Cameron Graham 2017-12-17 23:17:22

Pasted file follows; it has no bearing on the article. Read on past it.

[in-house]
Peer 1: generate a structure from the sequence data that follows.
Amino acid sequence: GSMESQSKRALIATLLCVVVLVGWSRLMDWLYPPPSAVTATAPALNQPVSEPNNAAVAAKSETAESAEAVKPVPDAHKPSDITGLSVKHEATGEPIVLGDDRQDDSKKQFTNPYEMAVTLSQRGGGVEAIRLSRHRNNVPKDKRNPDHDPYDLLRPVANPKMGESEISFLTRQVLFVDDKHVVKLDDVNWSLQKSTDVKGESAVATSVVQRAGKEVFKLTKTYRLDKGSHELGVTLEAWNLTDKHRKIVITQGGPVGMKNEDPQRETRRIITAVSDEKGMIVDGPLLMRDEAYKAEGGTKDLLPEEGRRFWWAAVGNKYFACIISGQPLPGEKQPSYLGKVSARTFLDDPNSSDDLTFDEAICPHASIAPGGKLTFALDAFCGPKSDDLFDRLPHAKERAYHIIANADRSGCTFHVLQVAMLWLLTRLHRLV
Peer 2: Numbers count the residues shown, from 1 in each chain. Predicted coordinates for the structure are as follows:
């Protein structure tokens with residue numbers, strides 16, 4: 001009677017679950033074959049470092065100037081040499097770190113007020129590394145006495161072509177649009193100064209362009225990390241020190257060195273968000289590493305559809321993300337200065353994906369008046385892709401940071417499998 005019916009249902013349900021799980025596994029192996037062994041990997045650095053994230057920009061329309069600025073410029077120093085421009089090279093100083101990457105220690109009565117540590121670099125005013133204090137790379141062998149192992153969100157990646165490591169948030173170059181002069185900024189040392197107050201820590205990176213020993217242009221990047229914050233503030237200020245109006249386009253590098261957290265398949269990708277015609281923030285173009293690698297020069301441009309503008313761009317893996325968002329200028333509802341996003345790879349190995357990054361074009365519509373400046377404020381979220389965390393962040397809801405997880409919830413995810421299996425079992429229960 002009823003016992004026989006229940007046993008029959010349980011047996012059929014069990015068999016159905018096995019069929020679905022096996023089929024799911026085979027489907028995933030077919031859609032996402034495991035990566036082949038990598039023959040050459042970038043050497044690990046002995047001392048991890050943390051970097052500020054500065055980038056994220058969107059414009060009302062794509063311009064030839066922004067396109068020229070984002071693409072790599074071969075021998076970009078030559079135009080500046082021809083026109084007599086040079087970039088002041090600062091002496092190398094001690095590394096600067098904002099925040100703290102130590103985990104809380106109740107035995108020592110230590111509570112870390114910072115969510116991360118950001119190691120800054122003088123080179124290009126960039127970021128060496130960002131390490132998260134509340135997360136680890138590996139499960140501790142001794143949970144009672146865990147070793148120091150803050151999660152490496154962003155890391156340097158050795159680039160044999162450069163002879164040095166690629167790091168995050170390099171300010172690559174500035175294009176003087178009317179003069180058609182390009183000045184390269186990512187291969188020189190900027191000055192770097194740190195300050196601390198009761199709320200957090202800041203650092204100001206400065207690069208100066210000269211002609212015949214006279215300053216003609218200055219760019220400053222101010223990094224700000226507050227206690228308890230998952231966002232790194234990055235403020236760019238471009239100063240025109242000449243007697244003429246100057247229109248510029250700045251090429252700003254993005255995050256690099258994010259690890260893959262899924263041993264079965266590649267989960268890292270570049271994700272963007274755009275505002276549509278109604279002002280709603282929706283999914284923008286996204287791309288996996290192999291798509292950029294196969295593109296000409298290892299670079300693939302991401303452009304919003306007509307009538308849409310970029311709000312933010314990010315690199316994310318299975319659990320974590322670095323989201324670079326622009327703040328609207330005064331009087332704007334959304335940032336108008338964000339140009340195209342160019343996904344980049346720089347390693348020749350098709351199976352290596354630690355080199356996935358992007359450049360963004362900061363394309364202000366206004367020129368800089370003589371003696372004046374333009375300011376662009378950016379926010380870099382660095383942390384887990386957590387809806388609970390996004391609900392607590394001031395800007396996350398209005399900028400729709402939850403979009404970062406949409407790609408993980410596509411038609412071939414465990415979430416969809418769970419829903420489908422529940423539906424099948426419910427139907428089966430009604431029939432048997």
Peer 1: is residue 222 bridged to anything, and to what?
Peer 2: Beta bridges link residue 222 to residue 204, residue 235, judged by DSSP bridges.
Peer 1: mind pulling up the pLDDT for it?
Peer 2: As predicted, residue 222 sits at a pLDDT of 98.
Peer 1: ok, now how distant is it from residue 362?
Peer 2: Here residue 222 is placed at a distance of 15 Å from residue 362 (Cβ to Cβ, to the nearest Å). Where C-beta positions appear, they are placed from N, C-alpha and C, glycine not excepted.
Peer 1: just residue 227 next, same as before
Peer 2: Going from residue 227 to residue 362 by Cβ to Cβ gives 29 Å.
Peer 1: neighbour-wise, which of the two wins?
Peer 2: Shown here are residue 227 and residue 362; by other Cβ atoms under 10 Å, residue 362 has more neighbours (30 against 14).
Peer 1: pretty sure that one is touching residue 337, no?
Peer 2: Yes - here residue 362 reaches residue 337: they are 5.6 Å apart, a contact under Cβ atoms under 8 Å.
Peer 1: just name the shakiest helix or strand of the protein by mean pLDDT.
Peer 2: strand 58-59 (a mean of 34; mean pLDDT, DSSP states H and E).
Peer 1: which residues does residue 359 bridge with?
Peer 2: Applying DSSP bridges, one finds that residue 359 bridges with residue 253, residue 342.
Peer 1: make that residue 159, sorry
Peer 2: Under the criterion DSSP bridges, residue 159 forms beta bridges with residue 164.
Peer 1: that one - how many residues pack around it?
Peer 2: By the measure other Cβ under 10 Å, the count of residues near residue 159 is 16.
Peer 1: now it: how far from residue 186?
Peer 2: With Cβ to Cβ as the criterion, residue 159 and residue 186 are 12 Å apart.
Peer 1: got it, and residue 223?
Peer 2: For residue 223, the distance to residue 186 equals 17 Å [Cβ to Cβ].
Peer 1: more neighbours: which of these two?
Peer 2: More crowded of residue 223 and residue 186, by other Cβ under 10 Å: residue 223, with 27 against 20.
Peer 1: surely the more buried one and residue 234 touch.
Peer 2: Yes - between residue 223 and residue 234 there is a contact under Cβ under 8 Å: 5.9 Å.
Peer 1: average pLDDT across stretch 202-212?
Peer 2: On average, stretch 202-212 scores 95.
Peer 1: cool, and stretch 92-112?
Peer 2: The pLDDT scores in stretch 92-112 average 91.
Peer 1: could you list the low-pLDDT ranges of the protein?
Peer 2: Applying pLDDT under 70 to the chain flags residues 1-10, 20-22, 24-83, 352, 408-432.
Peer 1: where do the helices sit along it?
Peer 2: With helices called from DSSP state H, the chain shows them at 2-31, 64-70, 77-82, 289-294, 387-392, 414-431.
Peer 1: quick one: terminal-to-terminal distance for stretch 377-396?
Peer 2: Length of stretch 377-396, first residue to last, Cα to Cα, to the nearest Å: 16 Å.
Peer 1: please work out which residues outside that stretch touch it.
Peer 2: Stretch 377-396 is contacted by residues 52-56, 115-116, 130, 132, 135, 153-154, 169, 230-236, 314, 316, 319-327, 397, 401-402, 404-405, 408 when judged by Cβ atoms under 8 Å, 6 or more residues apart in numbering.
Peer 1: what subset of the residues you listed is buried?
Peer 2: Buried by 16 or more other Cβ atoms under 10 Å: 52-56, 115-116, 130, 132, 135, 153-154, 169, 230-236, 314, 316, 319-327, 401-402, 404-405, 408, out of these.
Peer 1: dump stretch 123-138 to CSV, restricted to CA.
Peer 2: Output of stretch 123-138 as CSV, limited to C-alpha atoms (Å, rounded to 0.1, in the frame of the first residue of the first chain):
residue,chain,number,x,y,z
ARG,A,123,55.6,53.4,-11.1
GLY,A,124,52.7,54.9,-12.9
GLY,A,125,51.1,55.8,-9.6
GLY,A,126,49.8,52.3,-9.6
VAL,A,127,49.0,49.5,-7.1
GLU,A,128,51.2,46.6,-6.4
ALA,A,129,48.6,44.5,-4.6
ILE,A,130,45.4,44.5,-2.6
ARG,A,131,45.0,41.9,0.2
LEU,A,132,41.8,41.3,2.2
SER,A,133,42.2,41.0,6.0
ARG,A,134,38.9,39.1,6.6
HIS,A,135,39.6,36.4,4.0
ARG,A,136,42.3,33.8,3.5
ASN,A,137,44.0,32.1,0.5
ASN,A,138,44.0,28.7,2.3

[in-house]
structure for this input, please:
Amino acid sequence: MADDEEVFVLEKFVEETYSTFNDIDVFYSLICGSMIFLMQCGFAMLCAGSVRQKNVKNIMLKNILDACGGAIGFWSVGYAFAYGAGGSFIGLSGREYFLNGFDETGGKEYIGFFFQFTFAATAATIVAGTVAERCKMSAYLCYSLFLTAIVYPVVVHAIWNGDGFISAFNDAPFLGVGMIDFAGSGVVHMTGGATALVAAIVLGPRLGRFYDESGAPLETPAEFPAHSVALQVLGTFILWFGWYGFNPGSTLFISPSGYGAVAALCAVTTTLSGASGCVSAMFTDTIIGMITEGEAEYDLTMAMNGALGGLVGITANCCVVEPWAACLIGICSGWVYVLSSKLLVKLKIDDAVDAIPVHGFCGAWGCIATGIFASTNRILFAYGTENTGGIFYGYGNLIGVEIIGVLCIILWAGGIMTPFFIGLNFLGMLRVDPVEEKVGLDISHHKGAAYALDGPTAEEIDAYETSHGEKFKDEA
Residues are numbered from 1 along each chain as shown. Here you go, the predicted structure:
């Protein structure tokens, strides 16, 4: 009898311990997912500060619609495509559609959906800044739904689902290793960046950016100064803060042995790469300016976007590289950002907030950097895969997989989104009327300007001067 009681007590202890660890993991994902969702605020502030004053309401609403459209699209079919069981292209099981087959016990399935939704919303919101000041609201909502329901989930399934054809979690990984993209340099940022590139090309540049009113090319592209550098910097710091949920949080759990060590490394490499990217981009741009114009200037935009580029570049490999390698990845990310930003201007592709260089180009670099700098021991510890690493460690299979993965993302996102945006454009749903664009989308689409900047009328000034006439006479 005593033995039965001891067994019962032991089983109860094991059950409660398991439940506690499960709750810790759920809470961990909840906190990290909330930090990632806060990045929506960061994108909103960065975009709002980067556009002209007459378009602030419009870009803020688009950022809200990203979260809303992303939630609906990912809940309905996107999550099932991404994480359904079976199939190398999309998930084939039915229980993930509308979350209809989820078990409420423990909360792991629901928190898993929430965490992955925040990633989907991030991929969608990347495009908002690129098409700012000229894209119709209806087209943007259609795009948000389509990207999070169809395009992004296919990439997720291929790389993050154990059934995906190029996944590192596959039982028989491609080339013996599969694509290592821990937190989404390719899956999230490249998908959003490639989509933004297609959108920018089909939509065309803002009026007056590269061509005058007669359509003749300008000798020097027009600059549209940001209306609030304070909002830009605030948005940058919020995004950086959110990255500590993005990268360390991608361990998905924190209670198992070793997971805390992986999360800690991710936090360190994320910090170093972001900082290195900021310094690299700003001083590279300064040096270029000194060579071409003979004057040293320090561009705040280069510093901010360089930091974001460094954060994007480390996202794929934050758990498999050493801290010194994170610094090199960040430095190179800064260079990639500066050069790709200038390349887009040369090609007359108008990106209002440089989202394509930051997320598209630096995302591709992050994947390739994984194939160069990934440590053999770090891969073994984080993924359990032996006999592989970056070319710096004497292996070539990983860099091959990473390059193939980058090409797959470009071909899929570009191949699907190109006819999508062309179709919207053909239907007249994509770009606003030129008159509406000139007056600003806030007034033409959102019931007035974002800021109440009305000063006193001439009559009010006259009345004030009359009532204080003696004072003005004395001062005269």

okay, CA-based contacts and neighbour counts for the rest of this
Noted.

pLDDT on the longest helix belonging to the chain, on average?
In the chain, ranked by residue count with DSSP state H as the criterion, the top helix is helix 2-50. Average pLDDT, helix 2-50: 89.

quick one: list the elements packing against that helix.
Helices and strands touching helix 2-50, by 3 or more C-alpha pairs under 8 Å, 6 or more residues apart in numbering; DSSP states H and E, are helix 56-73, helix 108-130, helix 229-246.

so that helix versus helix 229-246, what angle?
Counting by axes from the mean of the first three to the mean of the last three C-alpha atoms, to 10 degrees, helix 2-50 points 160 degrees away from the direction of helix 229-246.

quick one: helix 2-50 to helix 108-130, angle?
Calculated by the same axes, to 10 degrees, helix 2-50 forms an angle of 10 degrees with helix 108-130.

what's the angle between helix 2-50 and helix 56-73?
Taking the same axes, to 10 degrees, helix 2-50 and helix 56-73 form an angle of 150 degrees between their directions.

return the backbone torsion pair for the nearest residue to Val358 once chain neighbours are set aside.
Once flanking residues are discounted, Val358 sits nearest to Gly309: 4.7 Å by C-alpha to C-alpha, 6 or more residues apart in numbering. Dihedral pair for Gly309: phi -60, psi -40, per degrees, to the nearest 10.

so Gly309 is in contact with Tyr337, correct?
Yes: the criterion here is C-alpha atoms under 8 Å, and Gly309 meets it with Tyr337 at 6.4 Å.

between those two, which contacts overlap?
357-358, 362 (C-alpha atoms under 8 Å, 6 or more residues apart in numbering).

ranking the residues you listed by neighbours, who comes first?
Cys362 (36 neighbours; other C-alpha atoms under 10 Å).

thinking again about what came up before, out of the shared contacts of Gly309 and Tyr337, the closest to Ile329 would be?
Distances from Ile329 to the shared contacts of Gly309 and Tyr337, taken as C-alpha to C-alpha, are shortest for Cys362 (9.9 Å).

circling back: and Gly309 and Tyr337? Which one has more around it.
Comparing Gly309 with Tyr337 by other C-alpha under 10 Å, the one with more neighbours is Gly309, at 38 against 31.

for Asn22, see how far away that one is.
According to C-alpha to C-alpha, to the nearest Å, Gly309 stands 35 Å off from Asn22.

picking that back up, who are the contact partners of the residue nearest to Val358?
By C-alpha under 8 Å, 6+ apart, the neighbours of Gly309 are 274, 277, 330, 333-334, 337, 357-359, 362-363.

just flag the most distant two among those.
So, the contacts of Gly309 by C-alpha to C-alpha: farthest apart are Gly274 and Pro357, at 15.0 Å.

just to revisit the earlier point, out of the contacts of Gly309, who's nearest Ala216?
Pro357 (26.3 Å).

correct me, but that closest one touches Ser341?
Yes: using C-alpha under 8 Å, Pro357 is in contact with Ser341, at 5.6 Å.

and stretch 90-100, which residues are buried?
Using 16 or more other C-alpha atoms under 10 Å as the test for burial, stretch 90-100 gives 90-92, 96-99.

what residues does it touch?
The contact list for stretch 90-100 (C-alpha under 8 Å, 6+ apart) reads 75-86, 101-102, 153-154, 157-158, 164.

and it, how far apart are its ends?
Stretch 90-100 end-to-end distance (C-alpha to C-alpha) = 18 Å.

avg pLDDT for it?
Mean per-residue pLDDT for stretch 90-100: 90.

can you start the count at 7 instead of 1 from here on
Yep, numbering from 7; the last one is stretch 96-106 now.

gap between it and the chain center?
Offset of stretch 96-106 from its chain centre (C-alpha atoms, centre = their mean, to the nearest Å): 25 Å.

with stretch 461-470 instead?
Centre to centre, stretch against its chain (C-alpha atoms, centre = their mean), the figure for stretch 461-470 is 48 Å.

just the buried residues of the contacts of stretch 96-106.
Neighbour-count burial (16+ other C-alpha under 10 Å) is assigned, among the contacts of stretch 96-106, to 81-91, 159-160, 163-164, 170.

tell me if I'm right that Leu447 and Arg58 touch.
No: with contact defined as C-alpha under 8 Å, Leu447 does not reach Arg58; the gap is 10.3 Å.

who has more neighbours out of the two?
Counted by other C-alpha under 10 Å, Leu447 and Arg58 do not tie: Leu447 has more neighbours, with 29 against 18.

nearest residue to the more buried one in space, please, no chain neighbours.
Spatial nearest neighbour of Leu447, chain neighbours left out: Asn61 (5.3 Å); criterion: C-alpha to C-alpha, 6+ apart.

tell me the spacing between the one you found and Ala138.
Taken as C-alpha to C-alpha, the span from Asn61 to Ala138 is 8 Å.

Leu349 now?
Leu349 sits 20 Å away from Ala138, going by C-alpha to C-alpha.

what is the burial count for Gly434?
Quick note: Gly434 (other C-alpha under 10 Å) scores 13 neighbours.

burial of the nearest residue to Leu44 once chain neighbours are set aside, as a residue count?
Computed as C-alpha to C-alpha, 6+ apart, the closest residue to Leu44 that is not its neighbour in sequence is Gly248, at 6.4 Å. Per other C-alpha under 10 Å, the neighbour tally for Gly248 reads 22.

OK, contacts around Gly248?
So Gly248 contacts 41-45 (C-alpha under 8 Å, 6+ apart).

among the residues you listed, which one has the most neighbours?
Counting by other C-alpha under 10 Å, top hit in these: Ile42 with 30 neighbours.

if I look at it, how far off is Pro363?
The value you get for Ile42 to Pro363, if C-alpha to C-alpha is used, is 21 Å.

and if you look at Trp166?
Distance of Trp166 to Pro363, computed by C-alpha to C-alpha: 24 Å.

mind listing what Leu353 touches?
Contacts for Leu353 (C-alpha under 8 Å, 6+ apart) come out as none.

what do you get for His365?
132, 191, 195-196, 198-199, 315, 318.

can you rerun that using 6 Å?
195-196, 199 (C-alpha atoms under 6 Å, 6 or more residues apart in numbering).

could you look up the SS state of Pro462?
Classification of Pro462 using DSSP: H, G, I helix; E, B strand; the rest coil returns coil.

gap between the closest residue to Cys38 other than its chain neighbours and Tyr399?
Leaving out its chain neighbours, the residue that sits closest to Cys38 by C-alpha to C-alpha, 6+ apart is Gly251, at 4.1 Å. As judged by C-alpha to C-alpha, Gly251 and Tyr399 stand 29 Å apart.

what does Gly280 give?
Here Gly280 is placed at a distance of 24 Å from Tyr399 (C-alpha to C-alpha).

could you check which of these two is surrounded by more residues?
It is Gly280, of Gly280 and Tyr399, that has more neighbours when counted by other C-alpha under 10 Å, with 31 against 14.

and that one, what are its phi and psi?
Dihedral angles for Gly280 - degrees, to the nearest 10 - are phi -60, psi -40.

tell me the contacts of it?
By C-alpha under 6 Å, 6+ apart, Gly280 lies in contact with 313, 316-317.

I’m sure you saw the video: people dragged from their wheelchairs by police in Washington, DC, as they protested plans to repeal the Affordable Care Act. These images were gripping. It’s not often you see someone in power publicly roughing up a person with a disability. The optics are just not good. The bodies of people with disabilities have always been political. The protestors in Washington recognized this and were willing to put theirs on the line. This was not the first time in US history, by any means. The Americans with Disabilities Act of 1990 only happened because of active protests by people with disabilities. In Canada, protests by disability activists have been just as successful. In 1980, Canadians with disabilities carrying placards drew public attention to the need to include disability in the Charter of Rights and Freedoms. It is there in Section 15 now, as a direct result. Canadian disability activists have achieved many other policy successes, although the importance of physical protest has varied considerably from case to case. Our bodies are political because the notion of a “normal” person is always subject to contestation. The domination of their bodies in our society depends on these bodies being considered “normal.” It takes concerted effort by others to demolish this norm, which affects everything from legislation to job expectations, technological design and architecture. The very fact that people with disabilities do not conform to this norm is a source of power. The image of disability, so often projected by the media as passive and victimized, is easily turned upside down when people with disabilities act. The images that result from such activism are compelling. Arresting, even. They change public opinion. It is vital that people with disabilities recognize their power at this specific moment in the history of Western democracy. We have witnessed white supremacists carrying Nazi flags and torches, marching through the streets of Charlottesville, Virginia, chanting “Jews will not replace us.” We all know that one of them drove a car into a crowd of counter-protesters the following day, killing one person and injuring many others. This brazen display of violent racism drew explicitly on symbols of the Ku Klux Klan and Nazi Germany. Both racism and Nazism are grounded in the belief that others—blacks, Jews, gays— are inferior, defective, unfit. And no group has borne the brunt of such beliefs more than people with disabilities. This is not to diminish in any way the suffering of other groups. It is simply that disability is always a compounding factor in oppression. Slavery created disability amongst the slaves through violence, poor nutrition and injury. The tools of the Holocaust were first perfected in hospitals and sanitariums, where more than 240,000 people with disabilities were exterminated by the Nazis. (And if you think Canada is different, remember that eugenicists in Alberta forcibly sterilized almost 3,000 people with disabilities between 1928 and 1972.) The open display of hatred in Charlottesville was explicitly intended to evoke these memories. It was an act of terrorism that led to a flurry of extremist events across North America, including in Vancouver and Quebec. But instead of striking terror, these events have primarily inspired revulsion and anger. Counter-protesters at every one of these events have far outnumbered the racists. The willingness of people to unite against racism gives us hope. It says that no matter what some may say to fan the flames of hatred, the majority of people remain committed to love and acceptance. The disability community has an important role to play in these counter-protests. By joining with others, we amplify the power of diversity, in opposition to attempts to narrow the definition of “normal.” We amplify the power of inclusion, in opposition to attempts to divide people against each other. We amplify the power of activism, in opposition to attempts to portray victims as passive. Hatred is a human problem. #Resist. Cameron Graham PhD, Professor of Accounting, Schulich School of Business (Toronto) and past Chair, Canadian Abilities Foundation.
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